A North Carolina law limiting the legal protections of LGBT people has hampered the public universities that drive the state's economic growth, University of North Carolina President Margaret Spellings said Wednesday.
Spellings said that recruited candidates had ruled out moving to North Carolina because of the law, and that she was unaware of any academic talent embracing a North Carolina move because of the law, called House Bill 2.
"I know people have withdrawn their candidacy," Spellings told The Associated Press during an interview Wednesday. "But how many? To what effect? Were they not coming anyway? We'll never know."
The state law enacted in one day in March excludes gender identity and sexual orientation from statewide anti-discrimination protections. It also requires transgender people to conform to the sex on their birth certificates when using bathrooms in universities and many other public buildings.
Companies, concerts and conferences have reacted by shunning North Carolina.
A special legislative session last month to repeal HB2 fell apart, and the law remains in place. The law's defenders have argued that it is needed to protect people from being molested in bathrooms by men posing as transgender women. New Democratic Governor Roy Cooper said Monday that he was continuing to discuss repeal with leaders of the Republican-dominated legislature.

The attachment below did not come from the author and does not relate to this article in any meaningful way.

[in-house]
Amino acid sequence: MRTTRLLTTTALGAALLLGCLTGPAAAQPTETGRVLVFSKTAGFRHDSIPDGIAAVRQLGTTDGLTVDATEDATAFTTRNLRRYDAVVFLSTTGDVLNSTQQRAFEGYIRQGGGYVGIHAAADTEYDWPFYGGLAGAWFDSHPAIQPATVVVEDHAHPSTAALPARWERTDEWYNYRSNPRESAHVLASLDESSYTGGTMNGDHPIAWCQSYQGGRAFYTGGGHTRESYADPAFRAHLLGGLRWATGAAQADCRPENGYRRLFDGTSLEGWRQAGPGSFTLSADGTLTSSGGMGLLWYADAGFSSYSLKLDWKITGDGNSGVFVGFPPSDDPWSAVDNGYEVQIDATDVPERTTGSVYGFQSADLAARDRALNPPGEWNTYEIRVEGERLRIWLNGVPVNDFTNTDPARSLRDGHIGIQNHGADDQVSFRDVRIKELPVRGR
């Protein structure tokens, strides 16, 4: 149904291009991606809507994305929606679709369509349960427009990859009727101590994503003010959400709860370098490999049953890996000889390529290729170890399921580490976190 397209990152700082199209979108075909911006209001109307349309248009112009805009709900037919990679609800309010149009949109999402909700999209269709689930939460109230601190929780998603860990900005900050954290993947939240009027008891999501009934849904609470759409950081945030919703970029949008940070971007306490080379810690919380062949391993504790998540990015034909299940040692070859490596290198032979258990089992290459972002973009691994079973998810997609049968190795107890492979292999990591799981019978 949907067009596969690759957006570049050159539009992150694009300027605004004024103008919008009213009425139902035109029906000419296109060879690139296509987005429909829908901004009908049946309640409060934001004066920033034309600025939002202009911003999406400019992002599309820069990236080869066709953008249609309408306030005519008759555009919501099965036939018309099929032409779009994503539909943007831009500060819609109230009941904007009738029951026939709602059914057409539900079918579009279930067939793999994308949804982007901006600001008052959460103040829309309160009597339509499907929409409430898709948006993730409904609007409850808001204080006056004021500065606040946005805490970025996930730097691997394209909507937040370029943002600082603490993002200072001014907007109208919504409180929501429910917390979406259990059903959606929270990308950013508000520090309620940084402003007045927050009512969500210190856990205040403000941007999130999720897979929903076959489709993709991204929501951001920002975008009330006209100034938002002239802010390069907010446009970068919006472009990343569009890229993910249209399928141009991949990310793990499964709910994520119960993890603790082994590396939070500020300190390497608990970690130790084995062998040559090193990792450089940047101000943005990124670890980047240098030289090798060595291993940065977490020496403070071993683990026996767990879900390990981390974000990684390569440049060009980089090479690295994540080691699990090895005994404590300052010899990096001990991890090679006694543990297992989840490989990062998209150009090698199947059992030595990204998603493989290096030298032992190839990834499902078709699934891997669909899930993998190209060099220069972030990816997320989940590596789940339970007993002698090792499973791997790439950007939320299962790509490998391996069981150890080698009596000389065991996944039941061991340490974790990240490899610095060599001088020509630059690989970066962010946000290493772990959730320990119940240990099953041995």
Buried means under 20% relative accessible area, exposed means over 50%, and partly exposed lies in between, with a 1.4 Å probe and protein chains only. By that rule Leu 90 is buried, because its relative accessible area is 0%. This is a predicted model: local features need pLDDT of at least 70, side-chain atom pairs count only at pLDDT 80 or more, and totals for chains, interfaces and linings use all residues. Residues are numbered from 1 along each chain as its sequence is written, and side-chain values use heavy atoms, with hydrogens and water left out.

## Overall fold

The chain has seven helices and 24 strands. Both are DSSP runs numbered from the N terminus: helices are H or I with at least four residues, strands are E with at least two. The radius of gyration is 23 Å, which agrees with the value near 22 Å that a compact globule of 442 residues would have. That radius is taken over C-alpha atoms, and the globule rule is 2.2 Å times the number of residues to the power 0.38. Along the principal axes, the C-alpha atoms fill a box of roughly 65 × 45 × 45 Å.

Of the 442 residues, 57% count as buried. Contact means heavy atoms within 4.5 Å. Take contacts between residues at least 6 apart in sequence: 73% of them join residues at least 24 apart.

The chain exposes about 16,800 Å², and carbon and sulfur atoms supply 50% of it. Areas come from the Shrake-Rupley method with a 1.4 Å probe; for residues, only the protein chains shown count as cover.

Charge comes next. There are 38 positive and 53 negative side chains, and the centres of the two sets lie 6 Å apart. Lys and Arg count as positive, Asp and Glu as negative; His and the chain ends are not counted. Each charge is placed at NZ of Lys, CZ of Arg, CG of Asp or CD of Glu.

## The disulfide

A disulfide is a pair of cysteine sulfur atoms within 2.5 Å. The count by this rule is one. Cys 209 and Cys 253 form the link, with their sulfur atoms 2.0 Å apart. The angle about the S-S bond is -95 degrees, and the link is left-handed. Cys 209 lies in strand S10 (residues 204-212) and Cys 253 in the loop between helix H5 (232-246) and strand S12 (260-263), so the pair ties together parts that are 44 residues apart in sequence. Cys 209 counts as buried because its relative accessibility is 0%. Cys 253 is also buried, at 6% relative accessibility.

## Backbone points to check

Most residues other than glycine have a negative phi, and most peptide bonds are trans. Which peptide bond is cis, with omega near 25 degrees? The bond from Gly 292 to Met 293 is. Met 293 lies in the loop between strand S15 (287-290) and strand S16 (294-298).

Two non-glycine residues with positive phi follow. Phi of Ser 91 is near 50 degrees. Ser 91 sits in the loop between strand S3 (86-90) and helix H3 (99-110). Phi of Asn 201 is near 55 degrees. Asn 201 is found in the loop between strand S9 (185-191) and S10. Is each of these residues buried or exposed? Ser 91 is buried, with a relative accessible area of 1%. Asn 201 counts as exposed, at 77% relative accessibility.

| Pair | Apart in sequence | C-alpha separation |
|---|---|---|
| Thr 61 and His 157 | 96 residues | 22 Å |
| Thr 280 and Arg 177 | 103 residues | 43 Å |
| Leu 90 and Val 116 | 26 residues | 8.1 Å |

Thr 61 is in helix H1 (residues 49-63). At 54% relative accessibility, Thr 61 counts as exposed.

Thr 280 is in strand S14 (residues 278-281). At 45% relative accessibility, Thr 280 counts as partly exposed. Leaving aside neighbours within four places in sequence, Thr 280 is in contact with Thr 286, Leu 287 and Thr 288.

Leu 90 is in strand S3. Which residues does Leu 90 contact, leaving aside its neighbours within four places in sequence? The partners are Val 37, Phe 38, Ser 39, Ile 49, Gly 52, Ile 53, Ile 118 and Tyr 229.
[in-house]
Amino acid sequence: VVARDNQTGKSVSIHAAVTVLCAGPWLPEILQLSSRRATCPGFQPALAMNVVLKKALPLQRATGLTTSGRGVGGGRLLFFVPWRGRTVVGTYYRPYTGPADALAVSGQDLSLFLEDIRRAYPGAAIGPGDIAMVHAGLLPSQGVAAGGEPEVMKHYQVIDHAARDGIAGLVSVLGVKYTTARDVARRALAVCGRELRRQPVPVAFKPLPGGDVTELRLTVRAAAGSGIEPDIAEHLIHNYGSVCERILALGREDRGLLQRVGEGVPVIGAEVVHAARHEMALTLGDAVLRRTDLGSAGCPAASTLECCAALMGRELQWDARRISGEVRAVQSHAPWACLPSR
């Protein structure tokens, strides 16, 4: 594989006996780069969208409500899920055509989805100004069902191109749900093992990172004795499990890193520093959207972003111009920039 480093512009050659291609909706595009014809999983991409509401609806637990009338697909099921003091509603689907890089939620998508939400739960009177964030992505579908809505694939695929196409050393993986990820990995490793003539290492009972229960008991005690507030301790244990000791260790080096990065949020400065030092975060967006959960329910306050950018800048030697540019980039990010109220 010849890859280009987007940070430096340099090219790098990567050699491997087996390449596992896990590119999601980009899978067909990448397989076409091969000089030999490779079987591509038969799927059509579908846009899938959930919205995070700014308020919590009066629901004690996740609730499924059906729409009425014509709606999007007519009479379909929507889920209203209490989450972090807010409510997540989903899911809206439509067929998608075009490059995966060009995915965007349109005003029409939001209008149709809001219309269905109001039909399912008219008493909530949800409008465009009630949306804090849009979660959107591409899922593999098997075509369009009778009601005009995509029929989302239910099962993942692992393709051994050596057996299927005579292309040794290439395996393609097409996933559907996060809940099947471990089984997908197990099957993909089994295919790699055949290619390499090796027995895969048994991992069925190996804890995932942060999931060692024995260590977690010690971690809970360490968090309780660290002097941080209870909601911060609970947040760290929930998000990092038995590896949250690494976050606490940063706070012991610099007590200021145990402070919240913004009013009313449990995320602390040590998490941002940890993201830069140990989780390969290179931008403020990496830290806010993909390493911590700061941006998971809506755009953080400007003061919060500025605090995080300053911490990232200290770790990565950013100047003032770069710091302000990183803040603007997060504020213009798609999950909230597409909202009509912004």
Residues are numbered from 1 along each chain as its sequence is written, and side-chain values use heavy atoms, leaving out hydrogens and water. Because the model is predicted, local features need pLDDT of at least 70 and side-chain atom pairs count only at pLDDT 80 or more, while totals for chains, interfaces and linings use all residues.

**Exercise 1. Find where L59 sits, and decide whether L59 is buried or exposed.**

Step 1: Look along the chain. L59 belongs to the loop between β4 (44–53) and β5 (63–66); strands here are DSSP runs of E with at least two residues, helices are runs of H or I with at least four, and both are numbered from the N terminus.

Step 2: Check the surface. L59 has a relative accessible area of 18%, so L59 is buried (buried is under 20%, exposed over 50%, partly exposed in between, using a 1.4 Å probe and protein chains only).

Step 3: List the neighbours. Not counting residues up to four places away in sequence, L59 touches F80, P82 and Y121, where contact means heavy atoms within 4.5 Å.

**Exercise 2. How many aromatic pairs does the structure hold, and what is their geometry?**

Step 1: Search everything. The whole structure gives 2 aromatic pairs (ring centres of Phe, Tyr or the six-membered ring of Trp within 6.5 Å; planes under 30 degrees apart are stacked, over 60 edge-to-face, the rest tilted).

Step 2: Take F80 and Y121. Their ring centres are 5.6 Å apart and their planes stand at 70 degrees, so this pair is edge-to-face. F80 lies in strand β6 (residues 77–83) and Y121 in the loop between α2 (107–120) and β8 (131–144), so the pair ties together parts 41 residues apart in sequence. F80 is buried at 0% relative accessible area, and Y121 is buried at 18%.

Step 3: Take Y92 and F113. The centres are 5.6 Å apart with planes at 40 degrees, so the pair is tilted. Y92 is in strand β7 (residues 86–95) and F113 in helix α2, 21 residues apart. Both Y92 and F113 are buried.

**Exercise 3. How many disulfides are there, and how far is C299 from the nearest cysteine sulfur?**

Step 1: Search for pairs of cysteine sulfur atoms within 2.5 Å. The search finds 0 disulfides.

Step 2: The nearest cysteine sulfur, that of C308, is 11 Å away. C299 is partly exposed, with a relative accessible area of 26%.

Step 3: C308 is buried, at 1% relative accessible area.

"They believe it's had some unintended consequences for the state," said Spellings, who was President George W. Bush's education secretary and began leading the 17 public university campuses three weeks before the law passed.
"Obviously, the legislature knows what we know. That's why they had a special session. That's why they are trying to come to some solution. That's why the governor and the legislative leaders are apparently talking," she said.
The 220,000-student UNC system is a defendant in a lawsuit filed on behalf of transgender students and university employees. The plaintiffs say requiring them to use restrooms that don't match their gender identity is discriminatory.
Spellings has said the campuses must obey the law, but won't change any policies or enforce the bathroom requirements.
"We're in a competitive world and our competitors have used this issue against us to some extent," she said Wednesday. "If I'm in Georgia and I'm in a competitive bidding war for a world-class faculty member, I'm going to say, if this is a transgender or gay person, 'Is this an environment where you're going to live and work?' So I think anecdotally there's some of that going on."